< draft-gont-ntp-port-randomization-03.txt   draft-gont-ntp-port-randomization-04.txt >
Network Time Protocol (ntp) Working Group F. Gont Network Time Protocol (ntp) Working Group F. Gont
Internet-Draft G. Gont Internet-Draft G. Gont
Updates: rfc5905 (if approved) SI6 Networks Updates: rfc5905 (if approved) SI6 Networks
Intended status: Standards Track July 22, 2019 Intended status: Standards Track August 6, 2019
Expires: January 23, 2020 Expires: February 7, 2020
Port Randomization in the Network Time Protocol Version 4 Port Randomization in the Network Time Protocol Version 4
draft-gont-ntp-port-randomization-03 draft-gont-ntp-port-randomization-04
Abstract Abstract
The Network Time Protocol can operate in several modes. Some of The Network Time Protocol can operate in several modes. Some of
these modes are based on the receipt of unsolicited packets, and these modes are based on the receipt of unsolicited packets, and
therefore require the use of a service/well-known port as the local therefore require the use of a service/well-known port as the local
port number. However, in the case of NTP modes where the use of a port number. However, in the case of NTP modes where the use of a
service/well-known port is not required, employing such well-known/ service/well-known port is not required, employing such well-known/
service port unnecessarily increases the ability of attackers to service port unnecessarily increases the ability of attackers to
perform blind/off-path attacks. This document formally updates perform blind/off-path attacks. This document formally updates
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Internet-Drafts are working documents of the Internet Engineering Internet-Drafts are working documents of the Internet Engineering
Task Force (IETF). Note that other groups may also distribute Task Force (IETF). Note that other groups may also distribute
working documents as Internet-Drafts. The list of current Internet- working documents as Internet-Drafts. The list of current Internet-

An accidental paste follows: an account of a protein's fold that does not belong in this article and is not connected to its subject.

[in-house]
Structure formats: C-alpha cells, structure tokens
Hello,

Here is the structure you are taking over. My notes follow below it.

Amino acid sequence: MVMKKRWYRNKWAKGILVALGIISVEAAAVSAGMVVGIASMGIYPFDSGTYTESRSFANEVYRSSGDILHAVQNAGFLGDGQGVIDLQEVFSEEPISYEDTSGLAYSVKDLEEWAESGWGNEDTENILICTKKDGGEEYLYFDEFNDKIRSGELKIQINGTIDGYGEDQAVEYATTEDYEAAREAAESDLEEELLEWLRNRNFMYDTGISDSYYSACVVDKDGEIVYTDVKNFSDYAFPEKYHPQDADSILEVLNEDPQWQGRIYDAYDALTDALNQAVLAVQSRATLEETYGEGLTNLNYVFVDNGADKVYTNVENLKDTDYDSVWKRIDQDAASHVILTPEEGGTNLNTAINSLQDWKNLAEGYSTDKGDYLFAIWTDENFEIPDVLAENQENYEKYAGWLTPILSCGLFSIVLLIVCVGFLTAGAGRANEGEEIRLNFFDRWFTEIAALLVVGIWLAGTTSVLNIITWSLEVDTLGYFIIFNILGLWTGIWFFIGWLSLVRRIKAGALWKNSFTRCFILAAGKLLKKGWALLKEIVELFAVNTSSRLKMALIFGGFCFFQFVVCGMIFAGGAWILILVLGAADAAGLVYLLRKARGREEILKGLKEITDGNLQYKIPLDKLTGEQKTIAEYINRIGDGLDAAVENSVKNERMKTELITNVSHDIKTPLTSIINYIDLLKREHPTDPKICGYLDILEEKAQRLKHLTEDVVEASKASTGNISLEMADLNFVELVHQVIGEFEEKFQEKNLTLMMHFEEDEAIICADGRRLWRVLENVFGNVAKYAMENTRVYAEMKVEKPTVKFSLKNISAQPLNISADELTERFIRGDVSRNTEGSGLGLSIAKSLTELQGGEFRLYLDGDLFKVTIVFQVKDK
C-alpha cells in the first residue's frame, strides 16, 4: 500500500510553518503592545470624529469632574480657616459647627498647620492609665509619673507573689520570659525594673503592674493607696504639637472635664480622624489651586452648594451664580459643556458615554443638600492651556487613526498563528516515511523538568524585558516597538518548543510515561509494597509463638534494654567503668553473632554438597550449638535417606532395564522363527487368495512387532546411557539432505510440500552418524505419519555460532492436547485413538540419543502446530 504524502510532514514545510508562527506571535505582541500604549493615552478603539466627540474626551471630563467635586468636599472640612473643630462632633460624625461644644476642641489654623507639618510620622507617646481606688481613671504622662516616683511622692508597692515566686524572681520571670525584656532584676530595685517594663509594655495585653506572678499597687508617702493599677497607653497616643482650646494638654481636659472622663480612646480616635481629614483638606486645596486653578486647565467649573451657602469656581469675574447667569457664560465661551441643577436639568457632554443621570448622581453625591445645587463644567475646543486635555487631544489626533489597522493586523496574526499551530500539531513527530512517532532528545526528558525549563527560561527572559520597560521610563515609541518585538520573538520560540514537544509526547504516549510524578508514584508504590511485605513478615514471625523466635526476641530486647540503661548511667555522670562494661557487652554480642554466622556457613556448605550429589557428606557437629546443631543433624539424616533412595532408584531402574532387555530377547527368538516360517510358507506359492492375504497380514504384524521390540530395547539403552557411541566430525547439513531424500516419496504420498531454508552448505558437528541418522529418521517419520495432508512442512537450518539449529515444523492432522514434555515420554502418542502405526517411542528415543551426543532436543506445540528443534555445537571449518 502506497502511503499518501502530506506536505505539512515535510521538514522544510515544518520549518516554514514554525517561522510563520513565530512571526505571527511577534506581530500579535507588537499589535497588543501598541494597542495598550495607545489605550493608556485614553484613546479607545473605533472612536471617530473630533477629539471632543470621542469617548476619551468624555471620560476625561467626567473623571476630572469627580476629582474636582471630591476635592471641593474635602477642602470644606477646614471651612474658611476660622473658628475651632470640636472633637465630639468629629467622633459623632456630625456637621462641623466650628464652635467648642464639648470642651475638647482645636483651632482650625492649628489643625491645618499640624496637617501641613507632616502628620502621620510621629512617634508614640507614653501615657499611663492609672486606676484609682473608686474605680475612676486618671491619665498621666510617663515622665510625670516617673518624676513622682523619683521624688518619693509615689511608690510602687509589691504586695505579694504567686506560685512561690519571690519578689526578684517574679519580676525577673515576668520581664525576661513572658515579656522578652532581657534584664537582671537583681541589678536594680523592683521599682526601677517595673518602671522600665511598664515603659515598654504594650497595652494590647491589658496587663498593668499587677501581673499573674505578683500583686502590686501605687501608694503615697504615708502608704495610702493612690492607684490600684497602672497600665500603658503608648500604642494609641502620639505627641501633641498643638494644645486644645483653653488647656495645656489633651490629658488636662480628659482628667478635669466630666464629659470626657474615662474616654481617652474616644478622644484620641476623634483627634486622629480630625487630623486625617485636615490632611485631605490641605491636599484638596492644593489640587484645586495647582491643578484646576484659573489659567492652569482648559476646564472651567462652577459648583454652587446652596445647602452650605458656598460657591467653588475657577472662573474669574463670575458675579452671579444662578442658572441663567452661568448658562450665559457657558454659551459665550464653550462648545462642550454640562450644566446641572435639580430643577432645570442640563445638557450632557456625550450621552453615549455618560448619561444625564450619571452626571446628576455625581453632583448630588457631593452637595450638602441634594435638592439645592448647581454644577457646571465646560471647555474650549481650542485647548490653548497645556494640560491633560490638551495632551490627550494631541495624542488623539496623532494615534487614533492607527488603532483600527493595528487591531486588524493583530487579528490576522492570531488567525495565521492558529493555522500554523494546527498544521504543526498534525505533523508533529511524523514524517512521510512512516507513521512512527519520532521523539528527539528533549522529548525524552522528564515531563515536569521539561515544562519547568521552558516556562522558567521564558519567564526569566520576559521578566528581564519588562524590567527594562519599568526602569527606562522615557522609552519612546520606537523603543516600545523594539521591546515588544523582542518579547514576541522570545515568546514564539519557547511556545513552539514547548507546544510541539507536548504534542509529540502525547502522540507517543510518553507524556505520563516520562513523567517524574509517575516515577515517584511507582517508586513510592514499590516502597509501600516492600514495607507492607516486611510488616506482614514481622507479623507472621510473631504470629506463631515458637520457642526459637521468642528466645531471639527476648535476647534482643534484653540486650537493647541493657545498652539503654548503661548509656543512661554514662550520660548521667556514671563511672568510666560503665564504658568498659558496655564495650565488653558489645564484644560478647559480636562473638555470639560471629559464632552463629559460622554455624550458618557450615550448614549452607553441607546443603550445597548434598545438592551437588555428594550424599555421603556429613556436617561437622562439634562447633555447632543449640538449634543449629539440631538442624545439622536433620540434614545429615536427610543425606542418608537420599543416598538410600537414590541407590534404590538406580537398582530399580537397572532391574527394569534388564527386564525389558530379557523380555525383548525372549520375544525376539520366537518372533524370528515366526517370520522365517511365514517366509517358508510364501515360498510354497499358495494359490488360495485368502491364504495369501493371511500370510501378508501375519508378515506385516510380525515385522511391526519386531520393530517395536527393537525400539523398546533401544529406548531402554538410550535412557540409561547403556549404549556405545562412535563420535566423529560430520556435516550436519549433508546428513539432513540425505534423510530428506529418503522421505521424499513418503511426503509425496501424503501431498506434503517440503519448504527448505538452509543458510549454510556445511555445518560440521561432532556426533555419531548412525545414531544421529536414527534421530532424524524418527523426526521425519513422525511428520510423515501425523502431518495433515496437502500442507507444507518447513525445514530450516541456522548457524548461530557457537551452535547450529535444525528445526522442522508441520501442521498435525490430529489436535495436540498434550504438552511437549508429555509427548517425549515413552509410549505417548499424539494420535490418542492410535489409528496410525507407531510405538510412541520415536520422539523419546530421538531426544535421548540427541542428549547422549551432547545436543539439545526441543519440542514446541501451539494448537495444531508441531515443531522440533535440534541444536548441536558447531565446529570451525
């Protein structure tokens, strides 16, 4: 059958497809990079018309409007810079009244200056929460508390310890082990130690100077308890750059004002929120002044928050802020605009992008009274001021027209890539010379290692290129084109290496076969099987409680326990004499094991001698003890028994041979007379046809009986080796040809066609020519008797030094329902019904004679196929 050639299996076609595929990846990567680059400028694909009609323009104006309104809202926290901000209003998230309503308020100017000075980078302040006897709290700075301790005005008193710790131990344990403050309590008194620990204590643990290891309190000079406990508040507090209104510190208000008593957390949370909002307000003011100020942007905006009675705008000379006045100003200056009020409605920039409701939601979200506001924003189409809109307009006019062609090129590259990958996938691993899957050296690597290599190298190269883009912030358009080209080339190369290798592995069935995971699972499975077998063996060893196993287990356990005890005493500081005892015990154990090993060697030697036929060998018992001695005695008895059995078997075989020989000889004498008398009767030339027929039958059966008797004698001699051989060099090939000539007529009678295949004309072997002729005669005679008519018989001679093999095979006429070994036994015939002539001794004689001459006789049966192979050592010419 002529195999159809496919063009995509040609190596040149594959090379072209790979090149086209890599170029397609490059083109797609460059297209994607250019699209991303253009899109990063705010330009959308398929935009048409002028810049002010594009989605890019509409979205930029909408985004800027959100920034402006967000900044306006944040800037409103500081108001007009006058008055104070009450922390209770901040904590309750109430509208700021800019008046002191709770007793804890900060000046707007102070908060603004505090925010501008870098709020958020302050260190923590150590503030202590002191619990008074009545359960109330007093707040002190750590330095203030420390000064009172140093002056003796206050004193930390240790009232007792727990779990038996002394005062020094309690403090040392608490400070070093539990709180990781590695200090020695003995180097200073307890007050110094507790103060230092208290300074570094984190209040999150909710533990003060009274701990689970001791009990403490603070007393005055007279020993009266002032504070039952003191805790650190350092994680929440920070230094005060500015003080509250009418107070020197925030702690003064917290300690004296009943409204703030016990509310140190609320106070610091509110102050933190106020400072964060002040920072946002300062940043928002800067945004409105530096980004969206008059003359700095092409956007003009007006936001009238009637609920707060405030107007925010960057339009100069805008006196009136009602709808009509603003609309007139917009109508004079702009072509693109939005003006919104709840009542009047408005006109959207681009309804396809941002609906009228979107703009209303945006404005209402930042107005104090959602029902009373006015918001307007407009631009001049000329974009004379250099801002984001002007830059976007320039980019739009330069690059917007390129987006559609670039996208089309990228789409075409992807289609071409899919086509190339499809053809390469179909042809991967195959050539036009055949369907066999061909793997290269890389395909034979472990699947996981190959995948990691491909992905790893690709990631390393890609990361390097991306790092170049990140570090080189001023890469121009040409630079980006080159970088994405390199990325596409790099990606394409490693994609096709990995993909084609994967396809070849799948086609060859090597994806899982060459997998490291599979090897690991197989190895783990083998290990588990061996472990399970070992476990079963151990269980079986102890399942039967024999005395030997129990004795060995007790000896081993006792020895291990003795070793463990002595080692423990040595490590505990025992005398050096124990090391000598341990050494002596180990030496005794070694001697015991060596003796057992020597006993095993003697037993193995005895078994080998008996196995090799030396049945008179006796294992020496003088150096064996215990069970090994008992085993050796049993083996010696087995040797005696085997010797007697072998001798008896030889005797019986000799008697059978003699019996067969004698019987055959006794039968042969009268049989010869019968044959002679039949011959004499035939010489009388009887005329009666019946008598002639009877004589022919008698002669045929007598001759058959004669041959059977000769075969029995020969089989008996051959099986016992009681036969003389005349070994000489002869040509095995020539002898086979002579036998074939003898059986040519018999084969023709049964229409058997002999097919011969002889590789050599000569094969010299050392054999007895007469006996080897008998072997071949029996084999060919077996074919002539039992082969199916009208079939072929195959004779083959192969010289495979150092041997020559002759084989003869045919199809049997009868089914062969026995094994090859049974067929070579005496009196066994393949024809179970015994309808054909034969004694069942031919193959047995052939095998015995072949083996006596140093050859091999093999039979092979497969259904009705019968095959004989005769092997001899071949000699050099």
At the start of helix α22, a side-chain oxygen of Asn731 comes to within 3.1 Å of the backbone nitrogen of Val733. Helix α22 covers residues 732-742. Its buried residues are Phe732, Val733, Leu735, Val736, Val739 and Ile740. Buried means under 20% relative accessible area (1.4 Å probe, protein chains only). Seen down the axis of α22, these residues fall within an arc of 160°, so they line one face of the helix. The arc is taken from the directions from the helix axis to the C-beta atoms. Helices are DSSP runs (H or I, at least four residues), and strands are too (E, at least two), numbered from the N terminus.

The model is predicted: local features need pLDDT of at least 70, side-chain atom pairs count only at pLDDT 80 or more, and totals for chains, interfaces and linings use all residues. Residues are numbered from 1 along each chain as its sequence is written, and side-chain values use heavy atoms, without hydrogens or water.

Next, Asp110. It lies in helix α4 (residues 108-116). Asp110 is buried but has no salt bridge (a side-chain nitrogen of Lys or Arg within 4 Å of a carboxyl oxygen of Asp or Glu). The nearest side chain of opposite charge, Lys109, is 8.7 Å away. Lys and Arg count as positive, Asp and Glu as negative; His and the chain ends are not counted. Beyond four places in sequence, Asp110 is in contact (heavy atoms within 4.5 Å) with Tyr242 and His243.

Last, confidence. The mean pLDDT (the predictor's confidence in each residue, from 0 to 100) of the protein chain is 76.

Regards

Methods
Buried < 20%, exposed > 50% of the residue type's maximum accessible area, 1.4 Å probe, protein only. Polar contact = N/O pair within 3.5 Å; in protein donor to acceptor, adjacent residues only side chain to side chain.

Drafts is at https://datatracker.ietf.org/drafts/current/. Drafts is at https://datatracker.ietf.org/drafts/current/.
Internet-Drafts are draft documents valid for a maximum of six months Internet-Drafts are draft documents valid for a maximum of six months
and may be updated, replaced, or obsoleted by other documents at any and may be updated, replaced, or obsoleted by other documents at any
time. It is inappropriate to use Internet-Drafts as reference time. It is inappropriate to use Internet-Drafts as reference
material or to cite them other than as "work in progress." material or to cite them other than as "work in progress."
This Internet-Draft will expire on January 23, 2020. This Internet-Draft will expire on February 7, 2020.
Copyright Notice Copyright Notice
Copyright (c) 2019 IETF Trust and the persons identified as the Copyright (c) 2019 IETF Trust and the persons identified as the
document authors. All rights reserved. document authors. All rights reserved.
This document is subject to BCP 78 and the IETF Trust's Legal This document is subject to BCP 78 and the IETF Trust's Legal
Provisions Relating to IETF Documents Provisions Relating to IETF Documents
(https://trustee.ietf.org/license-info) in effect on the date of (https://trustee.ietf.org/license-info) in effect on the date of
publication of this document. Please review these documents publication of this document. Please review these documents
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3.4. Effect on NAT devices . . . . . . . . . . . . . . . . . . 5 3.4. Effect on NAT devices . . . . . . . . . . . . . . . . . . 5